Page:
UNC’s scheduler for the College of Education shares travel blog posts

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    Clinton Harris, the scheduler for the College of Education at UNC, wants to become a full-time travel writer within the next couple of years. Photo courtesy of Harris’ gettingoutmore.org blog.

    Clinton Harris is quite familiar with the University of Northern Colorado. Perhaps too familiar. 

    On weekdays from 8 a.m. to 5 p.m. in an office in McKee Hall, Harris works as the scheduler for the College of Education at UNC, placing courses in classrooms. He coordinates with administrative assistants, faculty and other staff. Harris’ objective is to reach “academic pedagogy.” Don’t be fooled. The position is less glamorous than it sounds. Maybe it’s the lack of windows in McKee. Harris says it feels like a prison. 

    “We have the only windows in my office, but they overlook a parking lot,” Harris said.

    When he was a student at the university, Harris had worked just down the hall from his current office.  Back in the ‘90s, he was an English major. 

    Harris had a brief stint in the private sector before returning to Greeley. He has worked at UNC since 2001. After spending six years in the registrar’s office, he transferred to scheduling. It’s a safe job, he said, that provides a reliable income for him and his family. 

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    Micah Wilborn, a barista at Dutch Bros, chatted Harris up at the window and became invested in his story. Each subsequent stop for coffee turned into a chance to catch up.  

    “I didn’t even know his name for the longest time,” Wilborn said. 

    Routine quickly turned to monotony. For years, Harris would go to work, come home to take care of his family, sleep and repeat. He was the sole breadwinner. After Harris’ divorce at the age of 39—he’s 44 now—he finally got to experience a change of scenery. 

    “There were years I hadn’t left a hundred-mile radius of this town,” he said. 

    After getting teased by his friends that he needed to “get out more,” Harris did just that. Initially, branching out was daunting. Lonely, even. With the opportunity to do more things, he became frustrated with the way social media influencers took their luxuries for granted. They were flying around the world and for what? Another Instagram post? A sponsorship? Clout? 

    “Because I didn’t get to travel very often, I thought ‘If I actually got to go places, I would just write about it. I would just really immerse myself in the experience,’” Harris said. 

    Through a mutual friend, Harris discovered the ins and outs of travel writing and then started his travelogue called “Getting Out More” in 2018. Although this platform was his first documentation of his travels, Harris began writing long before that.

    He stumbled upon his affinity for writing in high school and furthered that as an English major during his undergrad, hoping to write fiction for a living. The urge to write was nearly insatiable.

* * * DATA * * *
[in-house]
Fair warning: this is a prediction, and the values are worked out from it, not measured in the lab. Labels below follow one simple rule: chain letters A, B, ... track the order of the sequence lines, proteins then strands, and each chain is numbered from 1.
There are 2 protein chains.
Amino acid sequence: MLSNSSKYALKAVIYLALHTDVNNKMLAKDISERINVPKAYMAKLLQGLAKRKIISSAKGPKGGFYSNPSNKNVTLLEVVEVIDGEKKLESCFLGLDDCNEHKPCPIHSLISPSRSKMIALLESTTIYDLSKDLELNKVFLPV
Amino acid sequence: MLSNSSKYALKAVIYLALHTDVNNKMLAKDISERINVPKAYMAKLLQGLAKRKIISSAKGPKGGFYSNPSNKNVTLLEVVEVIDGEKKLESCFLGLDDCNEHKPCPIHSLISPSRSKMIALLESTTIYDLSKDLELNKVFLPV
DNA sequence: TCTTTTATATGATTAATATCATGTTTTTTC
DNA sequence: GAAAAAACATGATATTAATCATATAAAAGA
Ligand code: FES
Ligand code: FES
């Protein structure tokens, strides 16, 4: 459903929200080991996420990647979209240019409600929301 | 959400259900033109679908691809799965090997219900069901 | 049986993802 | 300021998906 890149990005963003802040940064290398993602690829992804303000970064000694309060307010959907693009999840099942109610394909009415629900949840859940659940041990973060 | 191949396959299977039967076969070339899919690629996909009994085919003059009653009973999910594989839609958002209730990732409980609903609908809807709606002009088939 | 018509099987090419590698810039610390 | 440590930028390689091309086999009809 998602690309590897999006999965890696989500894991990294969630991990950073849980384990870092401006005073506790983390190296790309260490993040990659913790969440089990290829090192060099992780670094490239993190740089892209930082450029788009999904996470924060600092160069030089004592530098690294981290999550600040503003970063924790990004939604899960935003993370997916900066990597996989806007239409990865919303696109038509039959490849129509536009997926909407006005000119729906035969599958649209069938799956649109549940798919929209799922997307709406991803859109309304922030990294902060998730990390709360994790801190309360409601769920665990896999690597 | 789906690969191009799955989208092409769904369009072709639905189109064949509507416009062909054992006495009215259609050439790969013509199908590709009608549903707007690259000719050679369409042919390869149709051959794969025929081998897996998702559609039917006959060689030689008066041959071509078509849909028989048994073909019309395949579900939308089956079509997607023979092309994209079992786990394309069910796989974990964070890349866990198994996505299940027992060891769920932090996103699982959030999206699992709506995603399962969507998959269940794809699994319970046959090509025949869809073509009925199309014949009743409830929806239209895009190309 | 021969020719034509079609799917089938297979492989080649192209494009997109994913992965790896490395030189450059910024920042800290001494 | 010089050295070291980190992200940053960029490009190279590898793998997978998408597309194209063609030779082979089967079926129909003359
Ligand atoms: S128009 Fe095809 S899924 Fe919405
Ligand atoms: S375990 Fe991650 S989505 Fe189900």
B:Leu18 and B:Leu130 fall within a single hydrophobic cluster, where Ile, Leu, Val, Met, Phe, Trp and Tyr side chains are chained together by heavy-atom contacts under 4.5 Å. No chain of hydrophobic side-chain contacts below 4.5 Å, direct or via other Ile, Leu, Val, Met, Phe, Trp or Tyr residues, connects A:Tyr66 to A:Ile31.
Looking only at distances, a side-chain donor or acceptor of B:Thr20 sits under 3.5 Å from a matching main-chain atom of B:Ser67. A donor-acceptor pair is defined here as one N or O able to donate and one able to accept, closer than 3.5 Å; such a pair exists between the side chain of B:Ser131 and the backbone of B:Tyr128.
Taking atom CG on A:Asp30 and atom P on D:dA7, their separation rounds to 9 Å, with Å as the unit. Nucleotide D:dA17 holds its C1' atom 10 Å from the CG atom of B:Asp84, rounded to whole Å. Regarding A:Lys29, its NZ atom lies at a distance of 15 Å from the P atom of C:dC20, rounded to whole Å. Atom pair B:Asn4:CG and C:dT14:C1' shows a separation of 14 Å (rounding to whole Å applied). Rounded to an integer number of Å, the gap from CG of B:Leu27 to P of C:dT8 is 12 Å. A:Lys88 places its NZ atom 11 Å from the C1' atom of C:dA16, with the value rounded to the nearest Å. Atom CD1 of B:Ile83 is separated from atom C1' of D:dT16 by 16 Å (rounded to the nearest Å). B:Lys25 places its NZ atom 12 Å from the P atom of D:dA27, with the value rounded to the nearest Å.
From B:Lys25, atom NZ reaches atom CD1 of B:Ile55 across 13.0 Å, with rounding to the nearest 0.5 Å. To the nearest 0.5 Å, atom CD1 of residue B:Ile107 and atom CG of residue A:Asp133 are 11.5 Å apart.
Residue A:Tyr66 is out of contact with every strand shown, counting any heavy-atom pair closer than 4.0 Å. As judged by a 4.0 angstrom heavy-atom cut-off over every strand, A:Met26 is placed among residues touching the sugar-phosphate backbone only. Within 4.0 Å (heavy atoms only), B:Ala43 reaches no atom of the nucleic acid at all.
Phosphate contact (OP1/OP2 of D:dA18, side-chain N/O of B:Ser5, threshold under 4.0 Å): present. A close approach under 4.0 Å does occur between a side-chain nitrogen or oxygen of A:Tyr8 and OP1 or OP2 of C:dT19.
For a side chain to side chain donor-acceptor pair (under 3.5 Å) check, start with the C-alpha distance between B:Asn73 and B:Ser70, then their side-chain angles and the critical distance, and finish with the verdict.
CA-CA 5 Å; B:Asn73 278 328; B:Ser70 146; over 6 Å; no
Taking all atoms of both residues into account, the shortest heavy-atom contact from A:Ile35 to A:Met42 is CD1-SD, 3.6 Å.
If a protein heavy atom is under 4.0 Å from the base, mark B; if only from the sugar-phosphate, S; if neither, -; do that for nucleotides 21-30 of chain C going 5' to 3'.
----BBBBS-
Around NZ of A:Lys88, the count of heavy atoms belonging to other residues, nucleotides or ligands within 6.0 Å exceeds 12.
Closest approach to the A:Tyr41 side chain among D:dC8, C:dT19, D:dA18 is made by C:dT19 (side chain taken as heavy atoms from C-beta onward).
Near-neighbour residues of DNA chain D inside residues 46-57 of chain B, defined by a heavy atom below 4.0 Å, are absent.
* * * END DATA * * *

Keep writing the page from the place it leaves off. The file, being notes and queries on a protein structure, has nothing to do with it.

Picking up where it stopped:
“It’s this monster you have to feed or else you’ll go crazy,” Harris said. 

    His first article detailed a trip he took to Tucson in a single weekend with his cousin. On the way, the two stopped in New Mexico for a state staple, Blake’s Lotaburger. Harris was met with “two quarter pound patties, onions, tomatoes, pickles and Hatch green chilies to top it off.” Another post recalled a road trip to California he went on in the ‘90s. 

    “One of the things I wrote about was how we nearly ran out of gas in the middle of the desert in Nevada,” Harris said. “It wasn’t fun at the time, but it was fun to recollect and write about it.”

    Now, Harris embarks on a variety of trips, accompanied or solo, planned or spontaneous. Some days he packs up his car and takes his son and girlfriend along for the ride. Or he crafts an entire itinerary like he did this summer, traveling to London on his own. 

    “I went in completely cold,” Harris said. “I had actually only been out of the country once.”

    Stepping outside his comfort zone remains imperative.

    “After a while, if I wasn’t scaring myself on a trip like that, I was bored,” Harris said. 

    While the travelogue targets an older demographic, Wilborn regularly keeps up with new posts. Also, the generational gap separating Wilborn and Harris does not hinder their friendship. In fact, Wilborn notices parallels between them. Both have creative passions, Harris with his travelogue and Wilborn with his band, Play Wr!tes. 

    “I have a pet project that I really love and want to pursue and I want him to do just as well,” Wilborn said. 

    Harris shared a link to Play Wr!tes’ newest music video and Wilborn promotes the travelogue on social media and by word of mouth. 

    The parallels do not end there. 

    “One of the things I found out when I was abroad was your attitude is everything,” Harris said. “You should approach people with an open, happy disposition.”

    It is that openness and cheer he strives for that keeps Harris coming back to Dutch Bros, day after day. 

    “They have a continuous narrative,” Harris said. “They might not see me for a week or two because of their shifts and they remember what I did two weeks ago and follow it up.”

    Currently, Harris tries to publish new content at least once or twice a week. Recently, he wrote about his birthday weekend featuring a lavish dinner at the Cheesecake Factory and a trip to Glenwood Springs the next day. Within a couple of years, Harris wants to become a full-time travel writer. He has generated plenty of content, now it’s time to figure out ways to promote and expand his presence. It’s time for “Getting Out More” to get out more. 

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